Archive for the ‘Art’ Category

Brightly Visible, Yet Unnoticed, Right Above Our Heads

July 12, 2015

It happens every time I watch the sky, and I do try to make a habit of doing that at least once a day. Every time I try to decipher the atmosphere’s present convulsions, every time I’m eager to have my earth bound existence lightened by a somewhat more ample perspective, every time I simply want to enjoy the tranquillising blue haze above me, every time I am struck in awe by the outstanding beauty of ever-changing cloud formations that boil away into the higher atmosphere, every time I do this, I have my view contaminated with the puffy contrails of commercial jets zipping across the sky.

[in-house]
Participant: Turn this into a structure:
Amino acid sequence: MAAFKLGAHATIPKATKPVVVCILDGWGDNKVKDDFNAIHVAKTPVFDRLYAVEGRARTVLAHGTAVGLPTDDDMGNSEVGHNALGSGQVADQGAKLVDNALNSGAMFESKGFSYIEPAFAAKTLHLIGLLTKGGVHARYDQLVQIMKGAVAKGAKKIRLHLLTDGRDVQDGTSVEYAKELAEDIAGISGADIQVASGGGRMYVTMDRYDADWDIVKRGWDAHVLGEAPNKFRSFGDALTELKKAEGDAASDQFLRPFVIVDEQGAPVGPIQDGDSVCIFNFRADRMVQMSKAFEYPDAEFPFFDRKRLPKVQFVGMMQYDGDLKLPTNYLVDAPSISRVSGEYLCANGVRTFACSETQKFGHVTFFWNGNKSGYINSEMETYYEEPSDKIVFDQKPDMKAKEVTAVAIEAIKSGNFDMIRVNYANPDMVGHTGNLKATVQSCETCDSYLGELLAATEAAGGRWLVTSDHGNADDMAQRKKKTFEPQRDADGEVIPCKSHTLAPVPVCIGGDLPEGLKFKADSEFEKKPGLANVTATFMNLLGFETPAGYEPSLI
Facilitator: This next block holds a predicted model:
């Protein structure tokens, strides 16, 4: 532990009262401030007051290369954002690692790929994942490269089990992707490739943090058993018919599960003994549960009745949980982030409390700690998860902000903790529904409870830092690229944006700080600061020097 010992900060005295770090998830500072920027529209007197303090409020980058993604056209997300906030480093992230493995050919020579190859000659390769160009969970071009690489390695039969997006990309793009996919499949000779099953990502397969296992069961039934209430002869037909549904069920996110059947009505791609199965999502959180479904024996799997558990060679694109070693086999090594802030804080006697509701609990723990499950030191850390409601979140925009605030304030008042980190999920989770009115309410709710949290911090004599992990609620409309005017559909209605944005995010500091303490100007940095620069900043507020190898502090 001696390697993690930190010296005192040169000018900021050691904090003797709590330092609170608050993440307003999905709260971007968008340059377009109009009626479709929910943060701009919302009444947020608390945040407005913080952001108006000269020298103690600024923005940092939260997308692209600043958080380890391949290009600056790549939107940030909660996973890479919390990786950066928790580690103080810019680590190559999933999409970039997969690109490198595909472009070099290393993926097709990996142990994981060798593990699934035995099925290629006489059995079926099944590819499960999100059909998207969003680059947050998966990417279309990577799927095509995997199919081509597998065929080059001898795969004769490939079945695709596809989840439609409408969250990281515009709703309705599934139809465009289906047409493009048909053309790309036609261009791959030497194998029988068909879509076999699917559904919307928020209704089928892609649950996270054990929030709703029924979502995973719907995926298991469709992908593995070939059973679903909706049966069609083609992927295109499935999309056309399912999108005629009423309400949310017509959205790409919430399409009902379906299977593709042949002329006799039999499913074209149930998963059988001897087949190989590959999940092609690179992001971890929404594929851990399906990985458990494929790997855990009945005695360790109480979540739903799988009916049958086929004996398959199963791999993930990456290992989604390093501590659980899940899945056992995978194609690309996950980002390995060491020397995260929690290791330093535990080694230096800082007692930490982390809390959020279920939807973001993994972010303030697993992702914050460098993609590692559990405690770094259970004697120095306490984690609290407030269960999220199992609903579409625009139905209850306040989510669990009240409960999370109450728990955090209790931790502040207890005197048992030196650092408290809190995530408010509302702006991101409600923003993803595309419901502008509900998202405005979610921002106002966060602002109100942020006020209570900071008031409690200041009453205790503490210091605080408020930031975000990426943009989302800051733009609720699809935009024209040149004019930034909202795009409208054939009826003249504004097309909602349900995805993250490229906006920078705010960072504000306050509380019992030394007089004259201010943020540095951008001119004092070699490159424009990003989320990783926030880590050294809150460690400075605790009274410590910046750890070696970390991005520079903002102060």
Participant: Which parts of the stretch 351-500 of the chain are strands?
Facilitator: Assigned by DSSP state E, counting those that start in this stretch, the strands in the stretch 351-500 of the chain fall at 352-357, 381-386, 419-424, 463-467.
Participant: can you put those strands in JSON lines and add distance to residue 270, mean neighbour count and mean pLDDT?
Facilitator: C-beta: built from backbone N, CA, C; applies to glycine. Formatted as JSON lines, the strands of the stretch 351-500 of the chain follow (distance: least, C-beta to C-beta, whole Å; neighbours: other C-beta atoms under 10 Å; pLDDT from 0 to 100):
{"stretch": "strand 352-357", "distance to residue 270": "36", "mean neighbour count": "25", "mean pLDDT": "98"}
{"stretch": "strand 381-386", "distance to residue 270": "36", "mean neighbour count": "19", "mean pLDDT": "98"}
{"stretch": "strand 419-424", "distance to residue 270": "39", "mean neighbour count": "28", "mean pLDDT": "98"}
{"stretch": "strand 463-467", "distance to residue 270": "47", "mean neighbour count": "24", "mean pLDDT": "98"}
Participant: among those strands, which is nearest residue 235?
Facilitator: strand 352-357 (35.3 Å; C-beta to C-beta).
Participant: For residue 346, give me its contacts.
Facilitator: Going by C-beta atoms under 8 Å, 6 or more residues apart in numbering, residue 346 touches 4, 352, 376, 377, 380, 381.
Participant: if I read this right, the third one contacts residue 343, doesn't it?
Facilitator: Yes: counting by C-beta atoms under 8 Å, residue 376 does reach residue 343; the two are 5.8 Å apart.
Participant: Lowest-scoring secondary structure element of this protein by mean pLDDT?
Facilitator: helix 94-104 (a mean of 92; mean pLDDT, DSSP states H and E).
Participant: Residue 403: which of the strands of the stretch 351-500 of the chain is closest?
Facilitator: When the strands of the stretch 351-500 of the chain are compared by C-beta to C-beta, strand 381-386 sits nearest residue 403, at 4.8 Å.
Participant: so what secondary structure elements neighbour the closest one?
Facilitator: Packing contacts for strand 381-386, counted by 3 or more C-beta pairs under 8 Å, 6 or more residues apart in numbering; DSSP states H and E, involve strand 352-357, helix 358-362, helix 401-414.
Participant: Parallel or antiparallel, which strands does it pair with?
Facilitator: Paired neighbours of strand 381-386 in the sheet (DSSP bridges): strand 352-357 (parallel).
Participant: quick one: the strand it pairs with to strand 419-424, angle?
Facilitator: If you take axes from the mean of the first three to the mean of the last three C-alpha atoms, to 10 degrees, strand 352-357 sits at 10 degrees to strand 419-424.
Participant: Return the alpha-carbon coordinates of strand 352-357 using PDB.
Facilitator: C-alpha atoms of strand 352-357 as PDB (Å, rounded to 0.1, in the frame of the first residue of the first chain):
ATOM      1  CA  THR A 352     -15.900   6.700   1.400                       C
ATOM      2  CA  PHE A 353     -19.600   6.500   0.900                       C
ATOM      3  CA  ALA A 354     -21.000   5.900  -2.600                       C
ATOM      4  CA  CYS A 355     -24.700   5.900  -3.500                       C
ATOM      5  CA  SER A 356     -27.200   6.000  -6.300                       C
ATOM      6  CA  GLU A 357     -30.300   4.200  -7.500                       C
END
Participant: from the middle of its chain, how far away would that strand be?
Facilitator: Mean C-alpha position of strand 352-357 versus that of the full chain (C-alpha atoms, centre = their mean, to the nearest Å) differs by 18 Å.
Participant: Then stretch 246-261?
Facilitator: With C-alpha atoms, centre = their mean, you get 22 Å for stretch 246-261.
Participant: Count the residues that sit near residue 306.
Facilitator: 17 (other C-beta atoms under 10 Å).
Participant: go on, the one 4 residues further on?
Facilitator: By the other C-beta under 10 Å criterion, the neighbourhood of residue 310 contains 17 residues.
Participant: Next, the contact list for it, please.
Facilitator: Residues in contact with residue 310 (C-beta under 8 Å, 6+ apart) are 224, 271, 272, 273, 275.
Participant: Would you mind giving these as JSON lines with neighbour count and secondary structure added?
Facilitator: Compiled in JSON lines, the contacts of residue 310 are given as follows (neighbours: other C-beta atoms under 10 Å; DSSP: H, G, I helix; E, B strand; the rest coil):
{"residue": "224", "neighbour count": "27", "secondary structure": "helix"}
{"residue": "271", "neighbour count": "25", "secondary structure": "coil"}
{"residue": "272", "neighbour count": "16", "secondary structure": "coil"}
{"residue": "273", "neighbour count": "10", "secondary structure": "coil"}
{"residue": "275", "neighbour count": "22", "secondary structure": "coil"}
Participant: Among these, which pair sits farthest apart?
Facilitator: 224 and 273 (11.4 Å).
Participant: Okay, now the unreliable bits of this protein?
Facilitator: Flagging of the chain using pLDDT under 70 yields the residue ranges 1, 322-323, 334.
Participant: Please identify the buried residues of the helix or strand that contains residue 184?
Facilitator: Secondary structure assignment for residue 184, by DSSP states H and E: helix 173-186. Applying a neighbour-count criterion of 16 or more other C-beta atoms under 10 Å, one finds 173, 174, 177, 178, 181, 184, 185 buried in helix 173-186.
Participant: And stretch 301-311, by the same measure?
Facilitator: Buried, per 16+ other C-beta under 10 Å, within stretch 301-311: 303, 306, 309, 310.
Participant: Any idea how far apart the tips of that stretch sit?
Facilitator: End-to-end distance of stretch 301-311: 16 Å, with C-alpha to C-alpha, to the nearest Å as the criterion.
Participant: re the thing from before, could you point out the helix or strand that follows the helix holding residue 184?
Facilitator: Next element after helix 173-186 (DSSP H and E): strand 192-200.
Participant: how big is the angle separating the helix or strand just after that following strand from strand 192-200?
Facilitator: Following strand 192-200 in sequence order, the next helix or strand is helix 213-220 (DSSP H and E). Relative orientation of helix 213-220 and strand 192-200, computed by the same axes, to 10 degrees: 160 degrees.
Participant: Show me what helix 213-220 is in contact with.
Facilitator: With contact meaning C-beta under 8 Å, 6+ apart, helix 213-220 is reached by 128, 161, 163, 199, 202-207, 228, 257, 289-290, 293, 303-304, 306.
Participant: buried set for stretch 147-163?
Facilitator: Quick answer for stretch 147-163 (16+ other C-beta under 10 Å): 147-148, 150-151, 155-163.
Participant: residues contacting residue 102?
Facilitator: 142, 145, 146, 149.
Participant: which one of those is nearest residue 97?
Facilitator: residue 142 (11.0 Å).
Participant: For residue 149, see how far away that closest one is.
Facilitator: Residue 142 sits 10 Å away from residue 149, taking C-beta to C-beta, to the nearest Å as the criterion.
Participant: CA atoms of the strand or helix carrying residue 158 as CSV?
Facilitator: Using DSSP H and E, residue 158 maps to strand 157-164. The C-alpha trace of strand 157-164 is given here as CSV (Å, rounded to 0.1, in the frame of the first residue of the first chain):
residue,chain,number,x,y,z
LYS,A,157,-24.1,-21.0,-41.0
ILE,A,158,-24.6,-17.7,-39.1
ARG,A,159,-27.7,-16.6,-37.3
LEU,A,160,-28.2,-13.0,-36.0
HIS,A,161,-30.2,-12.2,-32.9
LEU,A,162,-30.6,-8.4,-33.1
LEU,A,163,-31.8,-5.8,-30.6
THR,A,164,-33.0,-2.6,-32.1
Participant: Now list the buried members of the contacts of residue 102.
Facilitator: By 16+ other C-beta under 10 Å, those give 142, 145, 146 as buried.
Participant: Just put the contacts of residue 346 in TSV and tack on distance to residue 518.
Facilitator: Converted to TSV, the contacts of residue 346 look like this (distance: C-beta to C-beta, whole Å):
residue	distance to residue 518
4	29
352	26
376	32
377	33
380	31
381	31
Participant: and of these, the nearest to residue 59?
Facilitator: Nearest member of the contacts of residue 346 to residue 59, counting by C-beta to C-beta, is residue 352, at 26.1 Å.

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While I am observing these cloud formations, trying to make sense of their chaotic uniqueness and creating unsuccessful models of the underlying dynamics of boiling air, I am enthralled by their magnificent orderliness. Things seem to happen linear and synchronized in an environment that happily allows for so many perfectly embedded exceptions. But what can all this beauty do when slurry lines of jet exhaust cross it out like marked by a mad teacher’s hand on the blackboard of Mr. Common man?

As you see, I could go on and on while my anger is building, but the bone of contention here, and my point of attack, is that every time I look up at the sky I have my view contaminated with the obnoxious contrails of at least five jets hasting across the sky.